In somnambulism the brain is asleep, and this quiescent state of the organ is often accompanied, in nervous and excitable persons, by an exalted condition of the spinal cord, and then we have the highest order of somnambulic manifestations, such as walking and the performance of complex and apparently systematic movements. If the sleep of the brain be somewhat less profound, and the spinal cord less excitable, the somnambulic manifestations do not extend beyond sleep-talking; a still less degree of cerebral inaction and of spinal irritability produces simply a restless sleep and a little muttering; and when the sleep is perfectly natural, and the nervous system of the individual well balanced, the movements do not extend beyond changing the position of the head and limbs and turning over in bed.
The phenomena of catalepsy, trance, and ecstasy are also indicative of an independent action of the spinal cord, inasmuch as the power of the brain is not exercised over the body, but is either quiescent or engrossed with subjects which have made a strong impression upon it. Some of the manifestations of mind shown under such conditions are exceedingly interesting, and are altogether outside of the domain of cerebral consciousness.
But notwithstanding the fact that the sympathetic system and the spinal cord share with the brain the office of producing mind, there is no question that this lastnamed organ, immeasurably in man at least, transcends them in power.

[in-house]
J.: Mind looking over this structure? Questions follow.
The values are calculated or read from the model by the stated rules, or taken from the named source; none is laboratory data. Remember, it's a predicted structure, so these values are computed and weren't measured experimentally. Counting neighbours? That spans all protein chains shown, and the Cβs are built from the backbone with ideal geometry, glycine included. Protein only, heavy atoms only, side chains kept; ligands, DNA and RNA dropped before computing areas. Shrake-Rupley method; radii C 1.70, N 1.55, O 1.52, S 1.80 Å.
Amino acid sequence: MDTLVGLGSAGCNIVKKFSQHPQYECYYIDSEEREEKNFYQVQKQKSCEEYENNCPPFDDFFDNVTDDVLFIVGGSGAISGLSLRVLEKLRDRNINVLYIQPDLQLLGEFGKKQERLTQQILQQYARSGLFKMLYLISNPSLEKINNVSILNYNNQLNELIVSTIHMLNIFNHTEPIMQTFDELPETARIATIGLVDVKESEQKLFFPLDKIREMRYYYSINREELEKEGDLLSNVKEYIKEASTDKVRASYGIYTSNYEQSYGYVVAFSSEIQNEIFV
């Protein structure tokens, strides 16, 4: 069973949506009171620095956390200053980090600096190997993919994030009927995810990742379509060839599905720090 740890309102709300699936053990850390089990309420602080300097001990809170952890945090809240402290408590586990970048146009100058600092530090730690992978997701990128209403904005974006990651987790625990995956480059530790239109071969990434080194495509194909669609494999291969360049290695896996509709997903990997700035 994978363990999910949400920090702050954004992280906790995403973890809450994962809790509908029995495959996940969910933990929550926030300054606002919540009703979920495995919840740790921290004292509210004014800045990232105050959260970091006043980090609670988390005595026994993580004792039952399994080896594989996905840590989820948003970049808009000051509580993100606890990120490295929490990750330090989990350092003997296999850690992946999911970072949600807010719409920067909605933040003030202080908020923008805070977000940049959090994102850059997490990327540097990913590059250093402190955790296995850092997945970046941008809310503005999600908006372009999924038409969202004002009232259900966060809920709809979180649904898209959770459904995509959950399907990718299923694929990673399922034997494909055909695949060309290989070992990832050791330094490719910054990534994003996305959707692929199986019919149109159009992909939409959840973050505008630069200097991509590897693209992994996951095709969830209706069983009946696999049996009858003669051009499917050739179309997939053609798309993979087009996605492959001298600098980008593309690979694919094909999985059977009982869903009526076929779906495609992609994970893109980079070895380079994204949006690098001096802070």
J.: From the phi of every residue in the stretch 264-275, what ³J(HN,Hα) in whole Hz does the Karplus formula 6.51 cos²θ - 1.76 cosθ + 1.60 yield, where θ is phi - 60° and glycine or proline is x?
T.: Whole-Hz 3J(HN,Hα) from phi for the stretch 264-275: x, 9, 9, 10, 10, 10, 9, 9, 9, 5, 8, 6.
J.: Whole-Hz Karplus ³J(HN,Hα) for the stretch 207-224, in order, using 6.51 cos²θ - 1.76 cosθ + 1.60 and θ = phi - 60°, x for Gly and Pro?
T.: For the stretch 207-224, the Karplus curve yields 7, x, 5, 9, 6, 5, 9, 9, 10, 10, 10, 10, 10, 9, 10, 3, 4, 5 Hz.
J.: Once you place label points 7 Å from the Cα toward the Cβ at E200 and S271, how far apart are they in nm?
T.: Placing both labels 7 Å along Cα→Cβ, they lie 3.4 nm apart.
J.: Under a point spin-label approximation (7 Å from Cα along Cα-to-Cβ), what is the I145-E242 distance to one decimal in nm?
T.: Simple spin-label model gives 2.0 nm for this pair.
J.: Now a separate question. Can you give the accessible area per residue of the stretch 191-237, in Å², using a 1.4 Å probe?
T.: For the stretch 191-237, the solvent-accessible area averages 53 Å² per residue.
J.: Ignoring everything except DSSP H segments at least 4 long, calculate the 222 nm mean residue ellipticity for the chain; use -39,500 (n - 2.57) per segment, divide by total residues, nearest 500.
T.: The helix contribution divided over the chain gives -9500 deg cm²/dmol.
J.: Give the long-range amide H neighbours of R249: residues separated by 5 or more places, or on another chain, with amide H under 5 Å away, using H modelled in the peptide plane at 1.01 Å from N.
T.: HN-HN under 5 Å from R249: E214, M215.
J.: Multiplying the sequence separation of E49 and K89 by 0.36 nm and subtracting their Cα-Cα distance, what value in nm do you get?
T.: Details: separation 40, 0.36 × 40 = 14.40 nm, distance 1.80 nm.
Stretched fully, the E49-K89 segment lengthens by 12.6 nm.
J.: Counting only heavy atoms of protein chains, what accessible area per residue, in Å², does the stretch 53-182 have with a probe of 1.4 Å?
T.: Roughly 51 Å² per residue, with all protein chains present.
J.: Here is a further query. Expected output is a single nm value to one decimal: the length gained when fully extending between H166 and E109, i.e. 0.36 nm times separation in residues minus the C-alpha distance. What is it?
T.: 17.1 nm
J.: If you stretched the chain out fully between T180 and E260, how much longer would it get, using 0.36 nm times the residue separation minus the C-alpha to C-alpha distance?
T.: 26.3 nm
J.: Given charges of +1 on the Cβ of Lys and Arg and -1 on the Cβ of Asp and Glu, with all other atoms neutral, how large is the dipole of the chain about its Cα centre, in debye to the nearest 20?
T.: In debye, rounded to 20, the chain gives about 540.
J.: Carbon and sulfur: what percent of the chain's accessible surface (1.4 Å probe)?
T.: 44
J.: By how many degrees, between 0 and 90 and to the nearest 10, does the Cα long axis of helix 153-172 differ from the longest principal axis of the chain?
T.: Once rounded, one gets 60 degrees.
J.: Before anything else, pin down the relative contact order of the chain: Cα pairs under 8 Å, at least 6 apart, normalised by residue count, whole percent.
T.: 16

The brain is by far the largest mass of nerve-substance contained in the body of any animal possessing a brain; indeed, it far exceeds in bulk and weight all the rest of the nervous system together. The researches of European observers give 49 ounces as the weight of the average brain of the white inhabitants of Europe—the maximum, that of Cuvier, being 641⁄3 ounces, and the minimum, consistent with a fair degree of intelligence, 34 ounces. Webster's brain (allowance being made for disease which existed) weighed 633⁄4 ounces. Dr. Abercrombie's 63 ounces, and Spurzheim's 55Jg ounces. The average of twenty-four American brains, accurately weighed by Dr. Ira Russell, was 52·06 ounces—the maximum 64 and the minimum 44·25 ounces. The same observer found the average full negro brain, as determined from 147 specimens, to be but 46·96 ounces.
The capacity of Daniel Webster's cranium was the largest on record, being 122 cubic inches. That of the Teutonic family, including English, Germans, and Americans, is 92 cubic inches. In the native African negro it is 83 cubic inches, and in the Australian and Hottentot but 75. The brain of the idiot seldom weighs over 23 ounces, and it is often much less than this. In one instance coming under my own observation, the weight of the entire brain was but 141⁄2 ounces. Mr. Gore has related in the "Anthropological Review" the particulars of a case of microcephaly in which the brain weighed but 10 ounces and 5 grains. The subject, a female, though forty-two years of age, had